Good Omens and Good Theology


With the popular success of the Amazon Originals series Good Omens, based upon the popular success of Neil Gaiman’s book of the same name, we also have popular Catholics pointing out that Neil Gaiman doesn’t exactly have a STD [Doctorate of Sacred Theology].

First, the Catholic Herald, Good Omens is a travesty of eschatology.

This one was prominent enough that Neil Gaiman himself retweeted it:


Second, Kendra Tierney, ‘Good Omens’ and ‘Lucifer’ Are Both Wrong About Angels and Devils, but One of Them Is also Wrong About God and Human Beings:


For the most part, I can’t actually disagree with the narrow claim that Good Omens isn’t an accurate representation of the Catholic faith, or any specific item you might find in the Catechism. But, on the other hand, I also have zero expectation of that, so I’m inclined to give Gaiman some slack here. He hasn’t ever represented himself as a Christian author, so it shouldn’t be surprising.

If you want catechesis, popular culture is absolutely the wrong place to look for it. I get the idea that you want to educate the vast majority of Christians who don’t know much of the intellectual content of their faith, but I do take exception to blaming Gaiman for getting it wrong, when he cannot reasonably be expected to get it right.

Especially when I find Good Omens in particular to not be that bad. Gaiman has written far worse stories, for example the short story “The Problem of Susan”, or the comic “Murder Mysteries”, with P. Craig Russell. These are objectionable enough to scandalize me, in the narrowly technical, canon law sense. I gave up reading Gaiman for years because of “The Problem of Susan”. Which genuinely makes me sad, because he is a talented author.

Let’s look at a particular claim in Kendra Tierney’s article, that angels are incorporeal. Yes, this is absolutely what the Catechism says on the subject. Especially because it was the stance of my patron, St. Thomas Aquinas, the Angelic Doctor. However, it was a minority position among Scholastics that angels could be corporeal.

Tim Powers – writer of stories involving corporeal angels

Tim Powers – writer of stories involving corporeal angels

More to the point, let us look at examples of authors with a better claim to be Catholics who have written stories that involved angels with bodies, or at least wearing bodies, which is what I think Good Omens actually presents. One of my all-time favorite authors, Tim Powers, wrote Declare, his first overtly Catholic novel, despite being very publicly Catholic for a very long time, which features fallen Angels living on Mount Ararat, and tied in with the life of Kim Philby and the fate Soviet Union. Those angels are very corporeal, because they can be killed. By men. With guns [admittedly special guns]. Powers is the most authentically Catholic author I know, and he always writes his books in a way that reflects a deep conviction of the Catholic faith.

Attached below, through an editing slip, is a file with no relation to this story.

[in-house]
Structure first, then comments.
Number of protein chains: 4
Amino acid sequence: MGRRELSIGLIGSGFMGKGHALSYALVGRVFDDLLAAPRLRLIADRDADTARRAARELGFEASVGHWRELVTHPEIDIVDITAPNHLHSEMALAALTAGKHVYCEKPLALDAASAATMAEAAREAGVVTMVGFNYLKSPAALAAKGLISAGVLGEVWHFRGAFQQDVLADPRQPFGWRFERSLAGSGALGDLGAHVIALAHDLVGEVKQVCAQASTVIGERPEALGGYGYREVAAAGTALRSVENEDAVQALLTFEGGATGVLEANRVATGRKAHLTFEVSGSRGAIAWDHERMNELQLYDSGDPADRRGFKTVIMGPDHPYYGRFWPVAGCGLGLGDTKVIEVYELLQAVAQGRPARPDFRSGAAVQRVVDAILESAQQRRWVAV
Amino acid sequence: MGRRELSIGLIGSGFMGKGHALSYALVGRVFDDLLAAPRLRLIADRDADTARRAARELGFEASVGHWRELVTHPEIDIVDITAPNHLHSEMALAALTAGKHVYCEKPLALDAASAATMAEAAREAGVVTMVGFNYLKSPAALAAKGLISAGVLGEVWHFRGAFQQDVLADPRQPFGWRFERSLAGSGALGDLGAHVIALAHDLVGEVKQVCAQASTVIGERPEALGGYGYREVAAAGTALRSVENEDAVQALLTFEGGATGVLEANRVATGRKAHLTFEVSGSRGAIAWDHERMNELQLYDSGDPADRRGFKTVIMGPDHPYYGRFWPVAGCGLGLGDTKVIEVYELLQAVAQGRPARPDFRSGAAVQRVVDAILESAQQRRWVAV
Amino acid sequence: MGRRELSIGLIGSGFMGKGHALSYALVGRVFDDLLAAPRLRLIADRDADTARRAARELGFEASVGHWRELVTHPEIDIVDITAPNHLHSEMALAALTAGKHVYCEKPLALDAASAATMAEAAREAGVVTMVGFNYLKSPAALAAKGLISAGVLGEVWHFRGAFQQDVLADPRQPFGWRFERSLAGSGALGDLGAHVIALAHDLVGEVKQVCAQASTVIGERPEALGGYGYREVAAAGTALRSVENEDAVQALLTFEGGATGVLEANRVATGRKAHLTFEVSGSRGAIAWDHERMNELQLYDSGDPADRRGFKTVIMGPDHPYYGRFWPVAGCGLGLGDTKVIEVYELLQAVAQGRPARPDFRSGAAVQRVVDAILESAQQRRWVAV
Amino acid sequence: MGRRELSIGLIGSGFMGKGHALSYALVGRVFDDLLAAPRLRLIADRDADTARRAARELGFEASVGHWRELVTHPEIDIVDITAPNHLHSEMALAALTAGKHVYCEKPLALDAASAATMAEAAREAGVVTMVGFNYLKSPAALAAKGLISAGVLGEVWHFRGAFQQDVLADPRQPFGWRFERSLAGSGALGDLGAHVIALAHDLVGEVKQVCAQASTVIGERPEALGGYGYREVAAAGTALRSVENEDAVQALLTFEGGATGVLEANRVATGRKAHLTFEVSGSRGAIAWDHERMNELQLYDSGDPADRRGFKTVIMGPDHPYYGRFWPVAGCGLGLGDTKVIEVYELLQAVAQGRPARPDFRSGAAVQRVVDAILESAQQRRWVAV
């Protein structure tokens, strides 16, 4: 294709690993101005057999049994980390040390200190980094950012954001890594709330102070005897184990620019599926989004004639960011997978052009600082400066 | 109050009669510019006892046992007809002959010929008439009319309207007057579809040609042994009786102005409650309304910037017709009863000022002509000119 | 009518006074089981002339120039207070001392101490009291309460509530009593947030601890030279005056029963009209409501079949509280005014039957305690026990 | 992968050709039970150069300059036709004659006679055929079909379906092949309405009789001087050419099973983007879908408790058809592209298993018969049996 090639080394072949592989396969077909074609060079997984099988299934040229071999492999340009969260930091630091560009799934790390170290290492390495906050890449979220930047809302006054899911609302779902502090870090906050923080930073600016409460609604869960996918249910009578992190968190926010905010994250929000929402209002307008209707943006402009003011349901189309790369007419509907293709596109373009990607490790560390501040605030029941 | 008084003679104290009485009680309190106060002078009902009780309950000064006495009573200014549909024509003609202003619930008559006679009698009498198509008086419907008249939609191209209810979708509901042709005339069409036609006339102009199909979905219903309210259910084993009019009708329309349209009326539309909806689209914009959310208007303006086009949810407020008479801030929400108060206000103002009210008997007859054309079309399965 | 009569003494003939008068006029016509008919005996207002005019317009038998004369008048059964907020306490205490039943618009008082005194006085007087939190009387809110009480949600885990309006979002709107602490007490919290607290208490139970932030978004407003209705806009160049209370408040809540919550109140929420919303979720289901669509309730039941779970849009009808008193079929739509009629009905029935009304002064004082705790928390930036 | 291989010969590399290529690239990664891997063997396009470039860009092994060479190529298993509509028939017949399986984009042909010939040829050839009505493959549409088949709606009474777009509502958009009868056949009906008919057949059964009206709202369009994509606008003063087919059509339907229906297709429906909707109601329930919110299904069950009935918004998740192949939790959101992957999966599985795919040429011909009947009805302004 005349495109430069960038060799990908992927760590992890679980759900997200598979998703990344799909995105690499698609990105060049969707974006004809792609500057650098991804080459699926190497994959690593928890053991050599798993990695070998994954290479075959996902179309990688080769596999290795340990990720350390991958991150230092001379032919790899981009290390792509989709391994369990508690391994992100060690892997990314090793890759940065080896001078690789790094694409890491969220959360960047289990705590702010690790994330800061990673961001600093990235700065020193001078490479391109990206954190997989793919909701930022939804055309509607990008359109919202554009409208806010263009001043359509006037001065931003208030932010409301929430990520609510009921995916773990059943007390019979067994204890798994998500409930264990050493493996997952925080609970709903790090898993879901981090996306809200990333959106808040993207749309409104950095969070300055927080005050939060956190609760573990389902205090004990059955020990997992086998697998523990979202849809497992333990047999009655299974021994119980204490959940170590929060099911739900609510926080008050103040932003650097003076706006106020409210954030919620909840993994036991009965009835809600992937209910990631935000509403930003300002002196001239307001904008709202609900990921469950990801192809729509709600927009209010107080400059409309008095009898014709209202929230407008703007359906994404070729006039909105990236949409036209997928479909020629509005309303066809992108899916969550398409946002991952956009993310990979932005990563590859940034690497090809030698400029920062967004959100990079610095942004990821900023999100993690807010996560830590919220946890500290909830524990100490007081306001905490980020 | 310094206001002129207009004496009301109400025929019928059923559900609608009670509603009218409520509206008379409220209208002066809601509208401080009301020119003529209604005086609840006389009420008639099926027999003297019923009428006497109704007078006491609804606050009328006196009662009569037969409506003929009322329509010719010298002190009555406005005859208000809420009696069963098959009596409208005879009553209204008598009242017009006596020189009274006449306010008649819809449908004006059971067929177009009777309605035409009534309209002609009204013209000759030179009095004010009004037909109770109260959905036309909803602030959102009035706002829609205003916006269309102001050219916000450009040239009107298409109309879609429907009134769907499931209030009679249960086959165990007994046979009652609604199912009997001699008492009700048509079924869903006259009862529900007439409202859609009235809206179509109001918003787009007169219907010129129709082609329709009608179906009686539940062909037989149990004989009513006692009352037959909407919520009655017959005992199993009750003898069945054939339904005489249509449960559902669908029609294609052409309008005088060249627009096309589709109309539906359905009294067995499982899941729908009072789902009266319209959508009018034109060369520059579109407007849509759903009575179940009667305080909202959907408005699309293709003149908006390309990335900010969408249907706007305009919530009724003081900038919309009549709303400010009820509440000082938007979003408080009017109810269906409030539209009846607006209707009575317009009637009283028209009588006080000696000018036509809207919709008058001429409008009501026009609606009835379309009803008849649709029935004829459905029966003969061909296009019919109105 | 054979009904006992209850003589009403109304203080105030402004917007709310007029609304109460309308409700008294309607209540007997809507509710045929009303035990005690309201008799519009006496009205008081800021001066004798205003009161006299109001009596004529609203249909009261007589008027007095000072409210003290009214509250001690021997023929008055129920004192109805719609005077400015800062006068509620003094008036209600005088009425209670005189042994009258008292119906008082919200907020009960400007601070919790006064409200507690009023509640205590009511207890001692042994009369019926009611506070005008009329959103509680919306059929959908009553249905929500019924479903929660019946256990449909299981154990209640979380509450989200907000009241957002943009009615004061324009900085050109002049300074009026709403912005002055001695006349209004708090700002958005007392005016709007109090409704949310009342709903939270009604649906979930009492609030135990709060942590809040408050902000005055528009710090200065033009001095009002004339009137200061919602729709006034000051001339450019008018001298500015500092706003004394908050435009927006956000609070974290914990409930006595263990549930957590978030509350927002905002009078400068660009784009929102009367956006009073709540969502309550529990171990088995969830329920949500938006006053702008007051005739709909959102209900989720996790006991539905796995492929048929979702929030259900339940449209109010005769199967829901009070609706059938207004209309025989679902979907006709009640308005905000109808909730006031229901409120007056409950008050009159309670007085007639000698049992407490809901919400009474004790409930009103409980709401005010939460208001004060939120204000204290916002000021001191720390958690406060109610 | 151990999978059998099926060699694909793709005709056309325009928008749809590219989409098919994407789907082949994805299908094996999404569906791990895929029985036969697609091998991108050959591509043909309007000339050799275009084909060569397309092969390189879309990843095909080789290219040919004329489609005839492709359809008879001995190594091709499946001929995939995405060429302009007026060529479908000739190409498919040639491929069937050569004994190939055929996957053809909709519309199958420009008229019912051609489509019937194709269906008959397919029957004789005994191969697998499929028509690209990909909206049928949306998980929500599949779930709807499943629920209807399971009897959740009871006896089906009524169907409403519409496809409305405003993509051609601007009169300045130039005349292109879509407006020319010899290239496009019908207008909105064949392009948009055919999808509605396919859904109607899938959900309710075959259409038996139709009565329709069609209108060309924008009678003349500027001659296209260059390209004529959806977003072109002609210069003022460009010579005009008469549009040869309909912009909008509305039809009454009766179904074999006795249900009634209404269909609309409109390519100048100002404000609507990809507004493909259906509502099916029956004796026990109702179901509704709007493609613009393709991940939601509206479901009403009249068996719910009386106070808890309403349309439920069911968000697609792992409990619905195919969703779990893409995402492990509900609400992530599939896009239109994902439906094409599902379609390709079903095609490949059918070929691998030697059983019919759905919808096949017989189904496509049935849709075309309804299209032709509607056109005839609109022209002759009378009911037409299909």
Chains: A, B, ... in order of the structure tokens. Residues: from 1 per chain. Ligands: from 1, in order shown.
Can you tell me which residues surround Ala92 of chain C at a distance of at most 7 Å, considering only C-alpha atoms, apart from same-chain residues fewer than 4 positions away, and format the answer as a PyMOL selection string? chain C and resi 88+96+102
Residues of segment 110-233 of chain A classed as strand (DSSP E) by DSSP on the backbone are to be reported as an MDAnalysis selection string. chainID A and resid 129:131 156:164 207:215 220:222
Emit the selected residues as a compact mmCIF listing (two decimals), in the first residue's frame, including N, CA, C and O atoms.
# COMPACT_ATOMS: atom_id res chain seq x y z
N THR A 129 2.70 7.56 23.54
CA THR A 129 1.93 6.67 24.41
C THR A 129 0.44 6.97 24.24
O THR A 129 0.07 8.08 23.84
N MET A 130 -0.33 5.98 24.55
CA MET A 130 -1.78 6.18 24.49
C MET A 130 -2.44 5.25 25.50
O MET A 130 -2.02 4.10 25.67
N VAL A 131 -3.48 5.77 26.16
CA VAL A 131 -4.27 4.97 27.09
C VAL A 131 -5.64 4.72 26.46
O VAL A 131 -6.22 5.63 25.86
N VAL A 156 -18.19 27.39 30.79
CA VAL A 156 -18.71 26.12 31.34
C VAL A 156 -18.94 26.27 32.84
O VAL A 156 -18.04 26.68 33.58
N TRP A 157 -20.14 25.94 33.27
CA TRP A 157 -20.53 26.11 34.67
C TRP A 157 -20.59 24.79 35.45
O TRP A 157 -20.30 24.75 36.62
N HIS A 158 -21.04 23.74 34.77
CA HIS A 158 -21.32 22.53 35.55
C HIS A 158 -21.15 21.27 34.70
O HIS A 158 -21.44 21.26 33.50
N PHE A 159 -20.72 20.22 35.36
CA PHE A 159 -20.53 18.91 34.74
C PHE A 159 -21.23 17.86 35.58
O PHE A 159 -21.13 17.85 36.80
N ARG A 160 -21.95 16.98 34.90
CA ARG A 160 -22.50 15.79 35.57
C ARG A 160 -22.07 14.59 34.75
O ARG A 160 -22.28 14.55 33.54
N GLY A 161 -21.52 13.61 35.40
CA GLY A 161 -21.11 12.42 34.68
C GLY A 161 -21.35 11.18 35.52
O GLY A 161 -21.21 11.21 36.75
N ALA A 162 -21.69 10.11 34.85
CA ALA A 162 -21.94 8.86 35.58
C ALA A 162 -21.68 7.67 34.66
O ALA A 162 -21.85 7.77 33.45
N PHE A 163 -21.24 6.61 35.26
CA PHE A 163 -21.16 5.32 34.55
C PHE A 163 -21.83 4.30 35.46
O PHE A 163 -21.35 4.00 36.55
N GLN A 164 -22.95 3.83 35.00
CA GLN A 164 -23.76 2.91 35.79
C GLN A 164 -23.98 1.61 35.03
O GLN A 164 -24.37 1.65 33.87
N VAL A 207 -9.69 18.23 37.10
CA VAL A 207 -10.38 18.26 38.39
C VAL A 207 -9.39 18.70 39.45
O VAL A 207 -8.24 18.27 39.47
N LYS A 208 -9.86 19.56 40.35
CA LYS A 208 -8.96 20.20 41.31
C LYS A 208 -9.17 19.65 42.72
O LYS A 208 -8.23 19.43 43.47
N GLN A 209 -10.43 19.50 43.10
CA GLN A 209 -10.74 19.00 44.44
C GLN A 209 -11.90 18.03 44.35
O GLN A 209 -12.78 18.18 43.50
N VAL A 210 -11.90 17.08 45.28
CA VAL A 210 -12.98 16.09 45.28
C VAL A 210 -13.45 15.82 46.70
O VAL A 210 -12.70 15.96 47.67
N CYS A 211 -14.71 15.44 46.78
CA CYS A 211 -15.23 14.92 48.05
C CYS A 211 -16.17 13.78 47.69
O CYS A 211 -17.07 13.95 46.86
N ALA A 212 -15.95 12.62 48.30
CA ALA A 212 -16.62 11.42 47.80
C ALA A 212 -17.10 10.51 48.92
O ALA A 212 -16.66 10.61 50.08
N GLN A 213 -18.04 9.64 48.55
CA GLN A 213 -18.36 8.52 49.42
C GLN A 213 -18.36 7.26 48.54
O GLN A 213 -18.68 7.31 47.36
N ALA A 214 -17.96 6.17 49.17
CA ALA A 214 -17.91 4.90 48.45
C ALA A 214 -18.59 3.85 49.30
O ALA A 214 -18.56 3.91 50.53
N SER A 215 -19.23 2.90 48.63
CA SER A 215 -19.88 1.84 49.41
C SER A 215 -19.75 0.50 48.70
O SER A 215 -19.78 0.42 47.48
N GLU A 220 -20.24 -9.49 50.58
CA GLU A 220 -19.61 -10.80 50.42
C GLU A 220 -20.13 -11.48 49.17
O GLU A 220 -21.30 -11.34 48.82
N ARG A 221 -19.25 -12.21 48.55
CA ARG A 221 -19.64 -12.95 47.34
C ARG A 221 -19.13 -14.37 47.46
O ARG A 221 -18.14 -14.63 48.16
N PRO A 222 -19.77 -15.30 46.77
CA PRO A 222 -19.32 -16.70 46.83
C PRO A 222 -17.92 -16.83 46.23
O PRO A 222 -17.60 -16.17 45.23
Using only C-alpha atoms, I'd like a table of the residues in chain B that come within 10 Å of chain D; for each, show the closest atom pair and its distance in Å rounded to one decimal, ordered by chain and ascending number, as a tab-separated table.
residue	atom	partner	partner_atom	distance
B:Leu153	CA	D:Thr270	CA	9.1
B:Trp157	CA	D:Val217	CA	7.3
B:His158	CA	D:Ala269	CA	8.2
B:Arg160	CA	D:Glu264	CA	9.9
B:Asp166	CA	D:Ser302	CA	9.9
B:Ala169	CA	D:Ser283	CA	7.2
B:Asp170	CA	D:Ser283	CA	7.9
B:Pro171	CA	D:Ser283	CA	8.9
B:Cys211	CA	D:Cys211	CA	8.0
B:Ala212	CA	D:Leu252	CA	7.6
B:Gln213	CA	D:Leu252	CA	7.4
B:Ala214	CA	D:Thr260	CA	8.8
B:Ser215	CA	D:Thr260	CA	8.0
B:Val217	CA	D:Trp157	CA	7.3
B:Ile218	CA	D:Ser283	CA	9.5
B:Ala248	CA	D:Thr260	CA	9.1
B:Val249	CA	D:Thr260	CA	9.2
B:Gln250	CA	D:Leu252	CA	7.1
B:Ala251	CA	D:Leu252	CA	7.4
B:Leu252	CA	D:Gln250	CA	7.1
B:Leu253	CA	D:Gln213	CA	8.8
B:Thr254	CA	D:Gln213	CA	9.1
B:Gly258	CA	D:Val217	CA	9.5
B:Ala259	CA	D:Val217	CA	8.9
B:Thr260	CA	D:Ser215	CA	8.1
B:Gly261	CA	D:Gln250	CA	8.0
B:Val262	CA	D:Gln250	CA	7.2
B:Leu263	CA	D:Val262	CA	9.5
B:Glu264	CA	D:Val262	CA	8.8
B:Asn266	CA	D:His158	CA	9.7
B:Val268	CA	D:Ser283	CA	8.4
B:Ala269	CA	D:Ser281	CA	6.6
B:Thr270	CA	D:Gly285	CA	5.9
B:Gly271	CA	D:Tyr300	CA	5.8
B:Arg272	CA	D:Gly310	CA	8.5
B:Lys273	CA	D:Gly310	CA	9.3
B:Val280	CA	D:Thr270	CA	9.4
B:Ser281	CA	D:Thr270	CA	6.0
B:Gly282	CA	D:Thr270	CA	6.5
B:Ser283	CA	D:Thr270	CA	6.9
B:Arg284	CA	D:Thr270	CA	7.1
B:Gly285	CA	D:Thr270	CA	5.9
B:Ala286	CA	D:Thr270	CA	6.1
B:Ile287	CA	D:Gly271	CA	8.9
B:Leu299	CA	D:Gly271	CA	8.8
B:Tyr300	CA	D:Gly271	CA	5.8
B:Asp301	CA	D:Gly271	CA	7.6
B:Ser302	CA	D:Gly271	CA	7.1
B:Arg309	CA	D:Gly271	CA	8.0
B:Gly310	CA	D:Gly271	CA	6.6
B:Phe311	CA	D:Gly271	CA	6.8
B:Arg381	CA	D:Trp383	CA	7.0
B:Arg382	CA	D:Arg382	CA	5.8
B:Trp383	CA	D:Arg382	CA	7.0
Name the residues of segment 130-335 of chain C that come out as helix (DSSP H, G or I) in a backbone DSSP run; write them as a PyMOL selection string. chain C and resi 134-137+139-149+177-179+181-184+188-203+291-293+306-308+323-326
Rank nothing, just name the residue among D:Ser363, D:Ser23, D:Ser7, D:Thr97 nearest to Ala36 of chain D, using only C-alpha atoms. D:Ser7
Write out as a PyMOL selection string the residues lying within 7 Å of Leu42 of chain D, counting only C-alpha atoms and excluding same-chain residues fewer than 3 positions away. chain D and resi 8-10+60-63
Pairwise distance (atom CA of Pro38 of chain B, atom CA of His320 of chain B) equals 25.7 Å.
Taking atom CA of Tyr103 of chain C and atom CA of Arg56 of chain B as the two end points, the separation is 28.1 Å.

Tim and Jerry were friends, BTW

Tim and Jerry were friends, BTW

Next, Jerry Pournelle. Jerry was pretty public about his struggles with Catholicism, but he also wrote stories that assumed Catholicism was true. Especially his retelling of the first part of Dante’s Divine Comedy, Inferno. Jerry himself described the inspiration for this story as C. S. Lewis’ The Great Divorce meets Dante.

This story only makes sense if people in Hell/Purgatory have bodies. Which coincidentally, is one of the complaints philosophically minded Orthodox have with Catholics. This contradicts the Catechism, but it also makes for a really good story, which is genuinely supportive of the faith. I take this to illustrate that good stories might not constitute good theology.

Finally, the author that probably represents Catholicity to the greatest number of the faithful at present, J. R. R. Tolkien. Gandalf and Saruman and Sauron himself are represented as spiritual beings wearing bodies of flesh. Bodies which can be destroyed, leaving those spirits unable to act in the world, echoing Gaiman’s line in Good Omens about being inconveniently discorporated.

I don’t think any of the authors I listed would have wanted to try to disprove any element of Catholic theology with their fiction, and they all wrote stories featuring a major plot element of Good Omens. I think we can cut Neil Gaiman some slack here.